So poor beleaguered state Rep. Warwick Sabin of Little Rock got pounded down this morning on his bill to provide tax relief to the working poor in the wholly viable and bipartisan fashion of an earned income tax credit, embraced nationally by Presidents named Reagan and Clinton.
Sabin argued for the bill by saying this session would be judged on how it acted on his bill, which would define whether, all things considered, it was fair to everyone in its determination to reduce taxes.
The defeat of his bill in the House Revenue and Taxation Committee invites me to ponder thus the overall fairness.
1. Gov. Asa Hutchinson, admirably, I think, chose to grant tax relief first and only to the middle class, those making from $20,000 to $75,000. You have to hand it to any Republican who pushes through a tax cut that does not extend at all, much less inordinately, to the rich people.
2. In order to pay for his cut, Hutchinson first proposed reducing a capital gains cut passed two years ago. That was positively Obama-esque, and, naturally, it would not stand. The Legislature is now in the process of restoring the capital gains cut, meaning that the rich people realizing capital gains will be either held harmless or given a break, depending on how you choose to apply timing.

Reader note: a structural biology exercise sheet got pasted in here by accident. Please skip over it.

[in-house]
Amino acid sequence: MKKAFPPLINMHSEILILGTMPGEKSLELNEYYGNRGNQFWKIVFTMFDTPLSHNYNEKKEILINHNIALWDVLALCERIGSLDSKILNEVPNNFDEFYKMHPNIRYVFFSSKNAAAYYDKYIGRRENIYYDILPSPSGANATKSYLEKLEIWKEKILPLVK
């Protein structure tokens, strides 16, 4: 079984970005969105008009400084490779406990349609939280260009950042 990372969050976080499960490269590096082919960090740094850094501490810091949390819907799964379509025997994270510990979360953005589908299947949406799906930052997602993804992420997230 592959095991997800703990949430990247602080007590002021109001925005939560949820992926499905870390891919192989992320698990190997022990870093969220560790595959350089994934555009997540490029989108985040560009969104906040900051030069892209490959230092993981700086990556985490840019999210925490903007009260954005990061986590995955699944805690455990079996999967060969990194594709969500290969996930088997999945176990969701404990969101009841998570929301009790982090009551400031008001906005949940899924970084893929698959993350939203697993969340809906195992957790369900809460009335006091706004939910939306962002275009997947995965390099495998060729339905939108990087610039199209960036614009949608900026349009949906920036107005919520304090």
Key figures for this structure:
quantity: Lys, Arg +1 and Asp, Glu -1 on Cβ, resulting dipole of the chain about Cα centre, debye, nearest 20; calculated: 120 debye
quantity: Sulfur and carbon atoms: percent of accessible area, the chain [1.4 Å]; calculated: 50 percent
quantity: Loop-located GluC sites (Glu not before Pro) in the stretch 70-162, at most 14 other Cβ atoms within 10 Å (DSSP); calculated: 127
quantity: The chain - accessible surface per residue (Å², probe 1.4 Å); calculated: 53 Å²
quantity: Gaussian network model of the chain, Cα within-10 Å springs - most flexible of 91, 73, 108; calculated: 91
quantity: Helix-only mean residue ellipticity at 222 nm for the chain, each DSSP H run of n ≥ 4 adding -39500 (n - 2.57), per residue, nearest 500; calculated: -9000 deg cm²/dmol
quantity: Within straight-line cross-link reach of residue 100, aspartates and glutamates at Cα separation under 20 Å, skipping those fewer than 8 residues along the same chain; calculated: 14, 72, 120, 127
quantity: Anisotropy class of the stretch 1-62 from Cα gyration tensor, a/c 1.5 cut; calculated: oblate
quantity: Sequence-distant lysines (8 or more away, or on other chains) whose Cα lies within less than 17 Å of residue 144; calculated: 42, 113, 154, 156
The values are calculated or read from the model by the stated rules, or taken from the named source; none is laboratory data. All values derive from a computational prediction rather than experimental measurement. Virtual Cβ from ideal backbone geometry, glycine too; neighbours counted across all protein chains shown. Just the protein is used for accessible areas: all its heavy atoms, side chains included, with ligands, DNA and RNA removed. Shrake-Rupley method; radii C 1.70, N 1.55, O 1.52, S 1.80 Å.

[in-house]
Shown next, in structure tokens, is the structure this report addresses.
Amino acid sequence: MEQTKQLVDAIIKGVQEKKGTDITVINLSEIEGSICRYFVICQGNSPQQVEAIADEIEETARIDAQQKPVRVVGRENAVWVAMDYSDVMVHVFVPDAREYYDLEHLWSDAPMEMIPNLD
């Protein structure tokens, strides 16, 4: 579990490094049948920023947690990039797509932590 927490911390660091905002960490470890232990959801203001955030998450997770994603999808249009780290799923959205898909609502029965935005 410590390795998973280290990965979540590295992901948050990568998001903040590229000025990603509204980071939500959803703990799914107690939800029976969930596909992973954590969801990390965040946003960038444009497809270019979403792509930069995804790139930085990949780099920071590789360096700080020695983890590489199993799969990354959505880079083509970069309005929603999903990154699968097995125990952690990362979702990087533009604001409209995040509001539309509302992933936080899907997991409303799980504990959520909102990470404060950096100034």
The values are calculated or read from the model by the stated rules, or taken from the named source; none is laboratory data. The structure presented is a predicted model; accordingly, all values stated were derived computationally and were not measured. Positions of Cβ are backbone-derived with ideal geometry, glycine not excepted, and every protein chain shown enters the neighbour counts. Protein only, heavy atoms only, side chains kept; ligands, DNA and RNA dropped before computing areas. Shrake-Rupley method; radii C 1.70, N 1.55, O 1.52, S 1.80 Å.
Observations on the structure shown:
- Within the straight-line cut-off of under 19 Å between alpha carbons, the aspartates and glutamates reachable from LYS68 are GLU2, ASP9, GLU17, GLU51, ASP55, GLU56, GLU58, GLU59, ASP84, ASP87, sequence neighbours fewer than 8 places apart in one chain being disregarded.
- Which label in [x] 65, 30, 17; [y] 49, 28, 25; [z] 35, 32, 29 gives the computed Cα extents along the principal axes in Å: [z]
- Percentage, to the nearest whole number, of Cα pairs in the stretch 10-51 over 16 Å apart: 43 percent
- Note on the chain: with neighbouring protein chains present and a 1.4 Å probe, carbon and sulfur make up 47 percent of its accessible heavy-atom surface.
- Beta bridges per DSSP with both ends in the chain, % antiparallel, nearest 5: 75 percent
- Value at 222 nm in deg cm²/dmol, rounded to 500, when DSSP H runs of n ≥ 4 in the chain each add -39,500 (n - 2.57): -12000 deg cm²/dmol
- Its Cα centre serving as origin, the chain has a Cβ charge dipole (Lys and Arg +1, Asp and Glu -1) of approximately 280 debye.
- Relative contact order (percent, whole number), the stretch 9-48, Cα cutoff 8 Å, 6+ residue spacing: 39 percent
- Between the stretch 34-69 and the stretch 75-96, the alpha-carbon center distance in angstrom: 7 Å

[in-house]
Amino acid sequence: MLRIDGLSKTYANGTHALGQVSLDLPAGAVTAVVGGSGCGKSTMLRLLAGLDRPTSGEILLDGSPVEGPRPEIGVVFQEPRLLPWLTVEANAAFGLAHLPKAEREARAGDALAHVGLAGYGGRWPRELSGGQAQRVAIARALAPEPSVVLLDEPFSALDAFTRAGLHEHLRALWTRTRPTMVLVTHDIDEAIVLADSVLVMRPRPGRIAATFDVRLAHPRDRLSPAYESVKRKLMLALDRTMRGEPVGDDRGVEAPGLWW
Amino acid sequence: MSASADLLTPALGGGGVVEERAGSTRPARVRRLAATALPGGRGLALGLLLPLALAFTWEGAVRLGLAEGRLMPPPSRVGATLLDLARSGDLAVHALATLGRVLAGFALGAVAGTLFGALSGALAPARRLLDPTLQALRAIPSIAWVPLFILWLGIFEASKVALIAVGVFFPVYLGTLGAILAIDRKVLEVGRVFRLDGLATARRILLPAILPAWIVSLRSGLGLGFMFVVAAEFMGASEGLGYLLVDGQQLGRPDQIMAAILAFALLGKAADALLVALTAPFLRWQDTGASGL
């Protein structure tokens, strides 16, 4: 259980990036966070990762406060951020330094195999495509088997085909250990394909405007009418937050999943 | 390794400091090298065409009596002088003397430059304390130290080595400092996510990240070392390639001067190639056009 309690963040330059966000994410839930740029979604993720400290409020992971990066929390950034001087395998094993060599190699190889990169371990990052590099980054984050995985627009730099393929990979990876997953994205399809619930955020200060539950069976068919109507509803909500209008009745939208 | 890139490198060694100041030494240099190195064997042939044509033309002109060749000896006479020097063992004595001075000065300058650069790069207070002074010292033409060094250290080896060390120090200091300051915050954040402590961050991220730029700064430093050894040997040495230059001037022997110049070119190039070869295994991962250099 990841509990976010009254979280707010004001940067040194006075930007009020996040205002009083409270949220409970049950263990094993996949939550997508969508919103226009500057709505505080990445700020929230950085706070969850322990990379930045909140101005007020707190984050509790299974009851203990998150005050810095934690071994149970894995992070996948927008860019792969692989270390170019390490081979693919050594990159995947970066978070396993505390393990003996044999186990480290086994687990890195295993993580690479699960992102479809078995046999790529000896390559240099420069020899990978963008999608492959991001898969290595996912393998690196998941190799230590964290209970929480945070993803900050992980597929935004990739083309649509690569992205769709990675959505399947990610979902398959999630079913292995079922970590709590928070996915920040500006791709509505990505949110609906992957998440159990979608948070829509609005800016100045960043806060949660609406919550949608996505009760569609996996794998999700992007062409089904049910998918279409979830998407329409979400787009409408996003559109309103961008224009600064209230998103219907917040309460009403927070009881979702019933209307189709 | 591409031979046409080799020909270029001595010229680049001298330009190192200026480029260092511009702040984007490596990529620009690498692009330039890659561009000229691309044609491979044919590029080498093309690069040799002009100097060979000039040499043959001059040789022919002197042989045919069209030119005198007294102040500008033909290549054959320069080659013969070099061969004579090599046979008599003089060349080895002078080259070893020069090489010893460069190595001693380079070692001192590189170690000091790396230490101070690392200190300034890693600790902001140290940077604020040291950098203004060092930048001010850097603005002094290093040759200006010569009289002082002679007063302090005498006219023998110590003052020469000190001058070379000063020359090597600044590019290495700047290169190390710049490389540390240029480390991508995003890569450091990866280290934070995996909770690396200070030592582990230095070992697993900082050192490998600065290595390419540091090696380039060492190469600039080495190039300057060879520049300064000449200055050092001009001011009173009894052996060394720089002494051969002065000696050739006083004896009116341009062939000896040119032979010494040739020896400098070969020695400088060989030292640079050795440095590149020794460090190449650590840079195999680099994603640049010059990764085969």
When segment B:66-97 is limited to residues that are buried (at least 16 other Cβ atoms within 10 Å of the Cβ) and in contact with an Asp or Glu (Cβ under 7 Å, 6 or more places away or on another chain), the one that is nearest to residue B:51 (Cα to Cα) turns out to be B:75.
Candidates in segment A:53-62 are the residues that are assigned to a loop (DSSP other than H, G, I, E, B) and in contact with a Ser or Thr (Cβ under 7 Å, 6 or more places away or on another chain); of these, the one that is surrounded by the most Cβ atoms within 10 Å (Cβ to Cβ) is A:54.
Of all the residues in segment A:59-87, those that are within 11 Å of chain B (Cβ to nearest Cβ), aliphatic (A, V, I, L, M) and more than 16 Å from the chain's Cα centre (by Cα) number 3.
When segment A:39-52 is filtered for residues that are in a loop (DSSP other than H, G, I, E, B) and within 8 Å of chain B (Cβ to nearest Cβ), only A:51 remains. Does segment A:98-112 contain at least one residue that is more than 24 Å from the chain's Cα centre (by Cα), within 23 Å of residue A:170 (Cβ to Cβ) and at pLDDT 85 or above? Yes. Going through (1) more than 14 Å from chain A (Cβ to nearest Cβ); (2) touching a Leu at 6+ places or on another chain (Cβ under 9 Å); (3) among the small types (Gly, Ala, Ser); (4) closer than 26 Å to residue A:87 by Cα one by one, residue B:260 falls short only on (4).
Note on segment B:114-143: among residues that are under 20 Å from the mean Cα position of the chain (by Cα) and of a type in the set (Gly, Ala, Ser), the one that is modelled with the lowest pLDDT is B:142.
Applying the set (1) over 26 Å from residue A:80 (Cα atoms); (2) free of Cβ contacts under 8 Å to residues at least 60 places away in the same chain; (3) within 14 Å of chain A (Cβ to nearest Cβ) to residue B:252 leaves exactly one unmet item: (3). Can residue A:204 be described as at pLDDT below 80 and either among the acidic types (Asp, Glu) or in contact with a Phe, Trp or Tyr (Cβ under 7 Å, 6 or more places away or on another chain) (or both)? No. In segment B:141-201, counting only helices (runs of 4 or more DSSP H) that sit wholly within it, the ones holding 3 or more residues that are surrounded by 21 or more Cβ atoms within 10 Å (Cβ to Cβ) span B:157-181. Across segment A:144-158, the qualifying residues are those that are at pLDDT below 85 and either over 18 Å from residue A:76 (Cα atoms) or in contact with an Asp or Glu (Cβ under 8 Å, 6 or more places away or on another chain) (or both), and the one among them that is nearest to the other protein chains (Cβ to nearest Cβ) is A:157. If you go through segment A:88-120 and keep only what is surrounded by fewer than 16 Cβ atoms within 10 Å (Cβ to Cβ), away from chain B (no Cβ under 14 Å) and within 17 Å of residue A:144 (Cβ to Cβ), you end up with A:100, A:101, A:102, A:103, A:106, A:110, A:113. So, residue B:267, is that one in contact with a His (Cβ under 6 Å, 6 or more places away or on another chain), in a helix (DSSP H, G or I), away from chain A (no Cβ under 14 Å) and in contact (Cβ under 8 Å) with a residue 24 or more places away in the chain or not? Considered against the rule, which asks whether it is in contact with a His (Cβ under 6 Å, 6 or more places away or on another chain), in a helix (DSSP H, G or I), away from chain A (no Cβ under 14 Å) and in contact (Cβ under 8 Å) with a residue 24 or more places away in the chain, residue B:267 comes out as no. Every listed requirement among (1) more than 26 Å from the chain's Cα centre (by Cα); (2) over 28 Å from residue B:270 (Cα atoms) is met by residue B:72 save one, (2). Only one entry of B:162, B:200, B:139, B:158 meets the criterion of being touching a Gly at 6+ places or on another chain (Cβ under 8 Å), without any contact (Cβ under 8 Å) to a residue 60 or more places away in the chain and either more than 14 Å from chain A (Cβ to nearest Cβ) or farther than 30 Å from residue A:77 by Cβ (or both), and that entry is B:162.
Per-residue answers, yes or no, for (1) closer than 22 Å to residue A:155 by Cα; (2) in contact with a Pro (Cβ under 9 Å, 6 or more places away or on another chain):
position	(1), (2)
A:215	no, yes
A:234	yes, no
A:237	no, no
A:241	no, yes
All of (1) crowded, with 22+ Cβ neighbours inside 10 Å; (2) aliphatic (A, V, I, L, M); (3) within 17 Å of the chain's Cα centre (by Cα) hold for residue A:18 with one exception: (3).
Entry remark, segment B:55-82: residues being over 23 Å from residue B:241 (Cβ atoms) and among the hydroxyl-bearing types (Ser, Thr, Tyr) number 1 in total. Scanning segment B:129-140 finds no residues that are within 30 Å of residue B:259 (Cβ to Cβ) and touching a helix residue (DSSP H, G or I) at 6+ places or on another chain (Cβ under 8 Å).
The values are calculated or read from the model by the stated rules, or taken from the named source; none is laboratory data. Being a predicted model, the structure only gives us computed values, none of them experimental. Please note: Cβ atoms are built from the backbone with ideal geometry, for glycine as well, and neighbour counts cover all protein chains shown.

3. Poor folks get diddly now that Sabin’s bill to increase the tax credit they could qualify for by working went down to defeat.
Fair? It is if you think poor people are themselves to blame for being poor and are getting enough from us already and ought to stand alone in this state as persons worthy of no tax break from this legislative session.
If you have certain instincts for justice and humanity, then you know that what this session is doing, taken in full context, is of breathtaking proportion in unfairness.
An earned income tax credit is not a handout. It is a credit low-income people get toward their tax bill by venturing out to earn a meager paycheck with hard work.
A few Republicans on the committee objected to the fact that the earned income tax credit would be refundable. That means it can amount to cash if the earned credit exceeds the tax bill.
Getting more back from the rest of us than they even owe — what the hell is that?
It’s simple: These people are poor. If they work enough for a penance to get a credit exceeding their tax due, then they can use the overage for help with regressive taxes they pay just for the opportunity to get out and do hard work for pauper’s pay — the gasoline tax, the sales tax, both most burdensome on the little people.
So a guy will get no tax on a capital gain exceeding $10 million, but these poor working folks can’t earn a meager refundable credit by paying regressive taxes to get to a job paying an unlivable wage.
If history doesn’t judge that harshly, then history lies.